Lois Greene Stone, writer and poet, has been syndicated worldwide. Poetry and personal essays have been included in hard & softcover book anthologies. Collections of her personal items/ photos/ memorabilia are in major museums including twelve different divisions of The Smithsonian. The Smithsonian selected her photo to represent all teens from a specific decade.
"When did you start being grown-up, Grandma?" Jennifer asked me after her breath blew out birthday candles.
I was surprised at such a question from an eight year old.
"I'm pretty grown up now, Grandma, aren't I?" Her blue eyes stared at my face insisting on a response.
"You sure are." I searched my memory for the real answer. "It wasn't a physical thing." I paused wondering if she were ready to hear my personal interpretation of 'grown-up'. "Guess it was when I first really stopped thinking about myself, noticed my older sister was a person and, without seeking praise, I gave something up for her."
"What thing could you do that made you grown up?"
Feeling somewhat self-conscious sharing a piece of my past at a family birthday table, I closed my eyes viewing a long-ago scene, then began my story:
A school poster noted TRYOUTS for Good News, a musical, needs actors, singers, dancers. Auditions in high school auditorium, 3:30 PM, Tuesday.
I took singing, dancing, piano lessons, and imagined myself the star kicking my legs to the Charleston feeling a fringed skirt flutter around my fourteen year old legs.
Tryouts were into the second half-hour when I entered a somewhat darkened auditorium; I was delayed because of a Sports' Gym meeting.
I stayed in the back, moved into a wooden seat. I lowered the adjacent seat from its upright position, then dropped my purse and books. Walking onstage was my older sister, Carole, who I believed had no ability to do anything except boss me around.
She read with a pleasing and believable voice. All inflections were in the right place. "Would you like me to sing a little from one of the songs?" Carole looked out from the lit stage.
"Nice reading," the teacher remarked, "and, yes. Why don't you."
In a torch-singer's style, Carole began one of the show's ballads.
I sat motionless. Carole could sing. Carole could act. My obnoxious, overweight, nail-biting sister, who became a dictator when Mom and Dad couldn't see it, who didn't like school or sports, didn't have lots of friends or dates, actually had "talent". I whispered to myself, "talent."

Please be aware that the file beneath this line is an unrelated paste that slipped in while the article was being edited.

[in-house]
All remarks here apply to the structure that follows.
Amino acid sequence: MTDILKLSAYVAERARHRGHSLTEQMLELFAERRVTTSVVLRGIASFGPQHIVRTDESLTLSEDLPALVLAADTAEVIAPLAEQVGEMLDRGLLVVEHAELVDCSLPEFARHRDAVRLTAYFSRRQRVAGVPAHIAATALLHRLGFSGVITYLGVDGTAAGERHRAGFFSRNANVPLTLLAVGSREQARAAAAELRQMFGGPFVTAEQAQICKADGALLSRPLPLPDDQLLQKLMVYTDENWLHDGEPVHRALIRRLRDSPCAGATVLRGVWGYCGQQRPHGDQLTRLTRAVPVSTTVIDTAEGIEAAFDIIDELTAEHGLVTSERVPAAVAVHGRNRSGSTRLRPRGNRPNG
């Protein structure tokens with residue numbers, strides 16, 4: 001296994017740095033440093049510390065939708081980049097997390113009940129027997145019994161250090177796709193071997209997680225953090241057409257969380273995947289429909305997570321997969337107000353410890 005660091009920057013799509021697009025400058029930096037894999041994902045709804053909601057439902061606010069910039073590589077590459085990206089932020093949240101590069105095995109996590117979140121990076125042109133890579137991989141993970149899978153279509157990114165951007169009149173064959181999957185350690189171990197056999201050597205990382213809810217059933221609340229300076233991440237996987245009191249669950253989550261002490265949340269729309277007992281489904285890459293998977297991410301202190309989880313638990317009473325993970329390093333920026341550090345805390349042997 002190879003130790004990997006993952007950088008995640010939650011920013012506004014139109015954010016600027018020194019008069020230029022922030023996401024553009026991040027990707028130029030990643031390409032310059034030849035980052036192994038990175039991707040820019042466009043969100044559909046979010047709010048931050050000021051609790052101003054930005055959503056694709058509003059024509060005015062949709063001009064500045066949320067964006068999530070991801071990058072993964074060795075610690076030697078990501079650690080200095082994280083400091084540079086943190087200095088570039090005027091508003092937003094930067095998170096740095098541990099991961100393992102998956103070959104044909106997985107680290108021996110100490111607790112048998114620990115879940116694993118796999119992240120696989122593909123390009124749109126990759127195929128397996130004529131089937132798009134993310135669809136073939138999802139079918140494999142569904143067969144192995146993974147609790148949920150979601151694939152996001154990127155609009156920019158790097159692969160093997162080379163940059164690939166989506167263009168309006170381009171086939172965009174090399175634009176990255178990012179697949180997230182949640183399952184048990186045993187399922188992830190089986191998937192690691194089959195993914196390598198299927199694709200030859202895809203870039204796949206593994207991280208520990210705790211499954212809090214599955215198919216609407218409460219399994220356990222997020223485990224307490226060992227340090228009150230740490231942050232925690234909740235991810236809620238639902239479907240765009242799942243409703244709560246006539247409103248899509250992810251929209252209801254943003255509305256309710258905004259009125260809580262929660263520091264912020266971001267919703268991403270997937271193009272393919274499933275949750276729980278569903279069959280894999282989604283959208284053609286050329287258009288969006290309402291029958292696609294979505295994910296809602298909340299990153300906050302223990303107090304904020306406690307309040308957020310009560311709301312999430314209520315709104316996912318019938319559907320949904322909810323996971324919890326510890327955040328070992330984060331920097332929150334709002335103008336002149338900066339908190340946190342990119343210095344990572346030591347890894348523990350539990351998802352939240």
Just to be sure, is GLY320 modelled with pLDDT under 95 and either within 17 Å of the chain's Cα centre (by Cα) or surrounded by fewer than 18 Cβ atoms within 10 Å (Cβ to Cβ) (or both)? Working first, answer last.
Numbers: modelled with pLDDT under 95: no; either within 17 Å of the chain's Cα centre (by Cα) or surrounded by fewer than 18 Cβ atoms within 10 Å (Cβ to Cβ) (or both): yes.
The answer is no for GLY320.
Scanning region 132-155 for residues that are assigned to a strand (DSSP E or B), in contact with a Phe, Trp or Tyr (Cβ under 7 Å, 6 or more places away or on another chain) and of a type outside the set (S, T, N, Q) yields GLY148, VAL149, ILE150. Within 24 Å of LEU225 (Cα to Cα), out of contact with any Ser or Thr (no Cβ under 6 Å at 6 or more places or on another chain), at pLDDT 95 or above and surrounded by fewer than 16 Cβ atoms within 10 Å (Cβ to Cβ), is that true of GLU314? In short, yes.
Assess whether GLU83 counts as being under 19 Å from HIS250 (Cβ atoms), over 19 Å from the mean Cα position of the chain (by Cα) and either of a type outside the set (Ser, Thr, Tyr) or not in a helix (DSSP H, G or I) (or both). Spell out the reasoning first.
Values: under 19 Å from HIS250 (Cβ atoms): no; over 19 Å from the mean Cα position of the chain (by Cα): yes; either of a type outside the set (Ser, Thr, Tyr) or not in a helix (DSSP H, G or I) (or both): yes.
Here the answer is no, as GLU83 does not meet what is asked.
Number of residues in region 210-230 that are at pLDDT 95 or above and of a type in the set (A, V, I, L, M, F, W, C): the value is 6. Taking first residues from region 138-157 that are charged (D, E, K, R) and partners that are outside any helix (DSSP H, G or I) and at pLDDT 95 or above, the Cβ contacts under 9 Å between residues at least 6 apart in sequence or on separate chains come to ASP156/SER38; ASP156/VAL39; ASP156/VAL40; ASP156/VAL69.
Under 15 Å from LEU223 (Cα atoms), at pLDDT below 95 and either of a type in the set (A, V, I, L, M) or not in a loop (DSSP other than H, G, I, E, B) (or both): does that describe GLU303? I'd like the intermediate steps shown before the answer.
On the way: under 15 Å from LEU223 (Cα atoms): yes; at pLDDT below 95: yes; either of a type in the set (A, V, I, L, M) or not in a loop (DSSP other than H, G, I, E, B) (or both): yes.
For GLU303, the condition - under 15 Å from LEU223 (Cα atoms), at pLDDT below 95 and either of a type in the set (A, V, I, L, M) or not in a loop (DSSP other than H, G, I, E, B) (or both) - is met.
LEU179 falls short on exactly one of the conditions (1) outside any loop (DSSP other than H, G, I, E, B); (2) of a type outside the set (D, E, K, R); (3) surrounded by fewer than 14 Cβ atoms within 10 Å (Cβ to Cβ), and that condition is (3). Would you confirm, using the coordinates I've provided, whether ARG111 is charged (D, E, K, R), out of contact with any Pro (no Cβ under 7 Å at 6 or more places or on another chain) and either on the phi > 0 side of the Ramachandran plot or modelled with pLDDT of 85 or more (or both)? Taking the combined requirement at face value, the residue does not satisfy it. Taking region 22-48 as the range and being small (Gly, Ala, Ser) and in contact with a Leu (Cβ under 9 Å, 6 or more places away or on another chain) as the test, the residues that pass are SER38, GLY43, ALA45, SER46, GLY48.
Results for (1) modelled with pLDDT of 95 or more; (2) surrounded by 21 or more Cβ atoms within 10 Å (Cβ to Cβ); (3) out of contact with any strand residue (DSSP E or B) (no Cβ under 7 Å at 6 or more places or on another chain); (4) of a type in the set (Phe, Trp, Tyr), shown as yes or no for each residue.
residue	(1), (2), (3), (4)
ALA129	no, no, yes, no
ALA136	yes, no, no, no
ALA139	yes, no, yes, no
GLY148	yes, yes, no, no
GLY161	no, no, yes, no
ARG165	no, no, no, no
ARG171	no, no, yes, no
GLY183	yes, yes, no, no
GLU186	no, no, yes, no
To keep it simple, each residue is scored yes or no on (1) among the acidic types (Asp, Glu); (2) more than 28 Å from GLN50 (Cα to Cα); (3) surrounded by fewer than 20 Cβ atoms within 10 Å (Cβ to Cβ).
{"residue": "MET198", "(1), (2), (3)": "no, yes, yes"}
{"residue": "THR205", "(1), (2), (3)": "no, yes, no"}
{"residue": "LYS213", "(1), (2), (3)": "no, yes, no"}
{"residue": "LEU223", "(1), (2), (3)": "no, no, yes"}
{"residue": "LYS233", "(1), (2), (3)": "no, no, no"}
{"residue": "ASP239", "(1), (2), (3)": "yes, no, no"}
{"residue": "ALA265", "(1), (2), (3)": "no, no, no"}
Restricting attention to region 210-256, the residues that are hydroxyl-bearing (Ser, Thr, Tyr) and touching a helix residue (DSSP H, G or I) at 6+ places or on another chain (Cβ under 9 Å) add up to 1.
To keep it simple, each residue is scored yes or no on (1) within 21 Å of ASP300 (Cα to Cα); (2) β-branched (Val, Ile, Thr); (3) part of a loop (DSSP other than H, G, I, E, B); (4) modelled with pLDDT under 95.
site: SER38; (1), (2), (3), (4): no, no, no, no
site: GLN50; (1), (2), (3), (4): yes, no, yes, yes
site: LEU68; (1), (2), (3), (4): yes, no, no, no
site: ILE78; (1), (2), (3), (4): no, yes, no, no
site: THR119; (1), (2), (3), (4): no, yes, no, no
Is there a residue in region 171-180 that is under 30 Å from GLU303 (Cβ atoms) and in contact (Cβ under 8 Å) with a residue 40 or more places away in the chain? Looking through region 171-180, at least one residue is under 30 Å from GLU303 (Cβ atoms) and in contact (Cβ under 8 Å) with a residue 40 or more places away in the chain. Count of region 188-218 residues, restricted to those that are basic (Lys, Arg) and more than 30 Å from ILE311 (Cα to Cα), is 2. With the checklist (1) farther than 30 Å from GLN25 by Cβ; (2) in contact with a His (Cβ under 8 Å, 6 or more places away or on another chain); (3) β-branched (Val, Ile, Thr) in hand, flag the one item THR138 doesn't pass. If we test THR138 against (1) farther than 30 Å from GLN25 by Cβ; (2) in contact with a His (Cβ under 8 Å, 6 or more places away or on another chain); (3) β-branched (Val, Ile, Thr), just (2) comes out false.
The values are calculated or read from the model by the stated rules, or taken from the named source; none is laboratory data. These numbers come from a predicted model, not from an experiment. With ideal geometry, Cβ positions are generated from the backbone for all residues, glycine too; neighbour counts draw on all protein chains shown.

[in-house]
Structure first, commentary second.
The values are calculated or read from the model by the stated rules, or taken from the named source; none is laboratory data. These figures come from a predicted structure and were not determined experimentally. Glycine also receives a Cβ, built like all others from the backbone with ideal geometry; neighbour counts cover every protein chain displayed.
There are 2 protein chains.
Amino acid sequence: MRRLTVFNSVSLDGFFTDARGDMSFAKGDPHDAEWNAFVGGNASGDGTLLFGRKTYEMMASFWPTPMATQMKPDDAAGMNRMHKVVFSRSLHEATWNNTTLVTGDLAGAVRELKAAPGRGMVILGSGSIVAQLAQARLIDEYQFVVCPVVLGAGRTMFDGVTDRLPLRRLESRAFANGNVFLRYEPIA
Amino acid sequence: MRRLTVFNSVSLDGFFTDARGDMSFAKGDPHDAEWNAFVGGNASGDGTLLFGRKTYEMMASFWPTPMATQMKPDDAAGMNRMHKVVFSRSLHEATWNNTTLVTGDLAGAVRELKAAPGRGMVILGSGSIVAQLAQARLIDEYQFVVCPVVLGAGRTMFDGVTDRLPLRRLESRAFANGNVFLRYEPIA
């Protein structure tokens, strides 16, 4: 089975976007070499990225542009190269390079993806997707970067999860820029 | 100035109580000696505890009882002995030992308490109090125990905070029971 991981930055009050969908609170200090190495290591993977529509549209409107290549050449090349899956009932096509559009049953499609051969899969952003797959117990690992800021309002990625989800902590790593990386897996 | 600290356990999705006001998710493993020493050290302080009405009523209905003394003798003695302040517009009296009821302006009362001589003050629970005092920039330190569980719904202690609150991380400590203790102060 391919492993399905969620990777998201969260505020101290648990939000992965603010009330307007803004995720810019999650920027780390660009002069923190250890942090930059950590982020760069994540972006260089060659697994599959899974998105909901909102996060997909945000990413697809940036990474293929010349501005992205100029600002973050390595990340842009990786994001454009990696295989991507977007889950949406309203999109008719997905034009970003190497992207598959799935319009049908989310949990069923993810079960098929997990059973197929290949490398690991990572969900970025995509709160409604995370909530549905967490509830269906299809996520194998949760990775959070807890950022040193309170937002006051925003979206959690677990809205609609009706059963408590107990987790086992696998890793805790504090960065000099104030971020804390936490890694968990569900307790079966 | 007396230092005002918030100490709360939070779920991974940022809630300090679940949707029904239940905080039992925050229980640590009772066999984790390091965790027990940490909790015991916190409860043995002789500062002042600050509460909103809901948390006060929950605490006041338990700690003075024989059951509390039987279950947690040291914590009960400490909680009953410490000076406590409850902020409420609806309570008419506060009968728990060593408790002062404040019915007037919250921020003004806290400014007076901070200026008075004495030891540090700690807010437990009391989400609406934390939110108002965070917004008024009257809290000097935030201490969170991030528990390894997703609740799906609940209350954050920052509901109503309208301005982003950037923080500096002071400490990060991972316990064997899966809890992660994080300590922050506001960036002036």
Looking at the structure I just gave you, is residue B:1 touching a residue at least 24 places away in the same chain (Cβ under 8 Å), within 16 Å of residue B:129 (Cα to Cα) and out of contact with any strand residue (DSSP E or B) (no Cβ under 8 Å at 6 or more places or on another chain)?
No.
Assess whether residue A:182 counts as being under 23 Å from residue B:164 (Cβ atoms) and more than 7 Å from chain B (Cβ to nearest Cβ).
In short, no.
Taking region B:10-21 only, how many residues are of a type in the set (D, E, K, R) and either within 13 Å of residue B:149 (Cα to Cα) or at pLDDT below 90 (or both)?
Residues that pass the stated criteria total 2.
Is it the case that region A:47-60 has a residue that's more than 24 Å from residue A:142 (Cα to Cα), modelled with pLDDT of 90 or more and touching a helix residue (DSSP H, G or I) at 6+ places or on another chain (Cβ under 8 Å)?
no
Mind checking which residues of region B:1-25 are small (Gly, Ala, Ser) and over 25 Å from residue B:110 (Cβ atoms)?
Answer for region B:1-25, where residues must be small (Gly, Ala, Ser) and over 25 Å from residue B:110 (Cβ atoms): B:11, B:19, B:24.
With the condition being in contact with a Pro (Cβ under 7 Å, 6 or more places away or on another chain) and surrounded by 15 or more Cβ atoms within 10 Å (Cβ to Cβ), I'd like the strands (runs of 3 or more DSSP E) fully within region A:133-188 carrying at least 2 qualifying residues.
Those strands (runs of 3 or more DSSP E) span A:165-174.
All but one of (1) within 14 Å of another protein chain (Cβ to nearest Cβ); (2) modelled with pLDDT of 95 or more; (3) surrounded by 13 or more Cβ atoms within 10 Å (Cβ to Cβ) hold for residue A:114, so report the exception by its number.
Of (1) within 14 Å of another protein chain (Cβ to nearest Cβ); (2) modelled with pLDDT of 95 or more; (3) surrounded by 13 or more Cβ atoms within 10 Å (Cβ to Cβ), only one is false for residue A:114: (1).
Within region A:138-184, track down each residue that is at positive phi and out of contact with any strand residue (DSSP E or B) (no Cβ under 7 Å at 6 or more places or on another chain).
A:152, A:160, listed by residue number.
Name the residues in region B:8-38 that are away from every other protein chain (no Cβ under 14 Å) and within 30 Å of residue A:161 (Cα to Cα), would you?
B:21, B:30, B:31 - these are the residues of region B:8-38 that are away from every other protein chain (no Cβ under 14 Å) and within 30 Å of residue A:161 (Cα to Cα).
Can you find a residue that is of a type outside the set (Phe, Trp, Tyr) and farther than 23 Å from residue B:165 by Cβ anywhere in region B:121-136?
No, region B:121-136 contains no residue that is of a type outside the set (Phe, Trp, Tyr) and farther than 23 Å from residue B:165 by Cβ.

"Thank you, Carole. Nicely done. Next?"
Carole left the stage. I ducked pretending to find something that had dropped on the floor; I stayed crouched in that position in case she walked out via the aisle I was sitting near. I noticed chewing gum under the seats. I could hear the next tryout's reading; it was stilted.
"Thanks, Emily. Next?"
I sat up. In the darkness, I wondered if my parents knew Carole could sing and act; my father always said his girls were talented. "But she really is, Dad," I mumbled to myself. "Whod've believed it."
"Skinny sorority sisters tryout next." The teacher's voice echoed in the almost empty theatre. "Line up onstage in three minutes. All. Take a seat. Hand me your name and other pertinent data as you get up to read."
"That's me," I muttered. I knew I, too, could be natural as an actress and performer. In summer camp productions, I'd been both Snow White wearing a black wig, and The Little Prince wearing a boy's wig. "But..." I talked to myself as I gathered books and put the purse strap over my right shoulder, "if Carole gets a part, she shouldn't have me in the show, too, and if I get a part and not her she'd feel rotten. I'm younger. I've time. I got all that good stuff people see; I guess I hope she has her own day." Yet a part of me wondered why I gave up the tryouts.
The hallways were empty and seemed wide without people walking in two directions. I took long strides towards the main entrance of the building; my soft-soled shoes made no sound on the linoleum tiles.
"You walking home, like always?" Carole happened to be by the door as I was leaving. "I take the bus."
Her eyes met mine. The aqua color was pretty; first time I ever really noticed. She moved her purse to her fleshy shoulder but the strap slipped.
How could I let her know I'd seen her talented performance, and she would most certainly get a role in Good News, if I couldn't even tell her that her eyes' color was remarkable?
Suddenly wanting to actually spend some real time with her, yet still wondering how it all came about, I asked, "Have you change for fare as my bus pass, as usual, is at home?"
Jennifer touched my arm as my story ended. She looked at me, and, with quiet awareness said, "Growing up isn't just getting taller, Grandma, is it?"
I felt flushed. My daughter and her family had been quiet during my reminiscence. Now she asked, "Did Carole find out you saw the rehearsal?"
"No," I replied, facing the party paper plate. "I never told her." I slowly looked up, still feeling embarrassed about my inability to ever reveal this incident to my sister, "Carole did get the part and was really perfect. And we started doing more together but didn't have an adult relationship until we were both married."
"You're still growing-up, aren't you, Grandma?" Jennifer blurted out this sentence.
"I guess it isn't just getting taller. You're pretty sharp for an eight year old." I realized I could still share this with my sister, before time runs out. "Slice me a piece of cake. After that, I've a long-distance phone call to make." I touched Jennifer's small arm, and gently squeezed it with thanks.
November ©1998 Canadian Messenger of the Sacred Heart
reprinted June 24, 2011 The Jewish Press©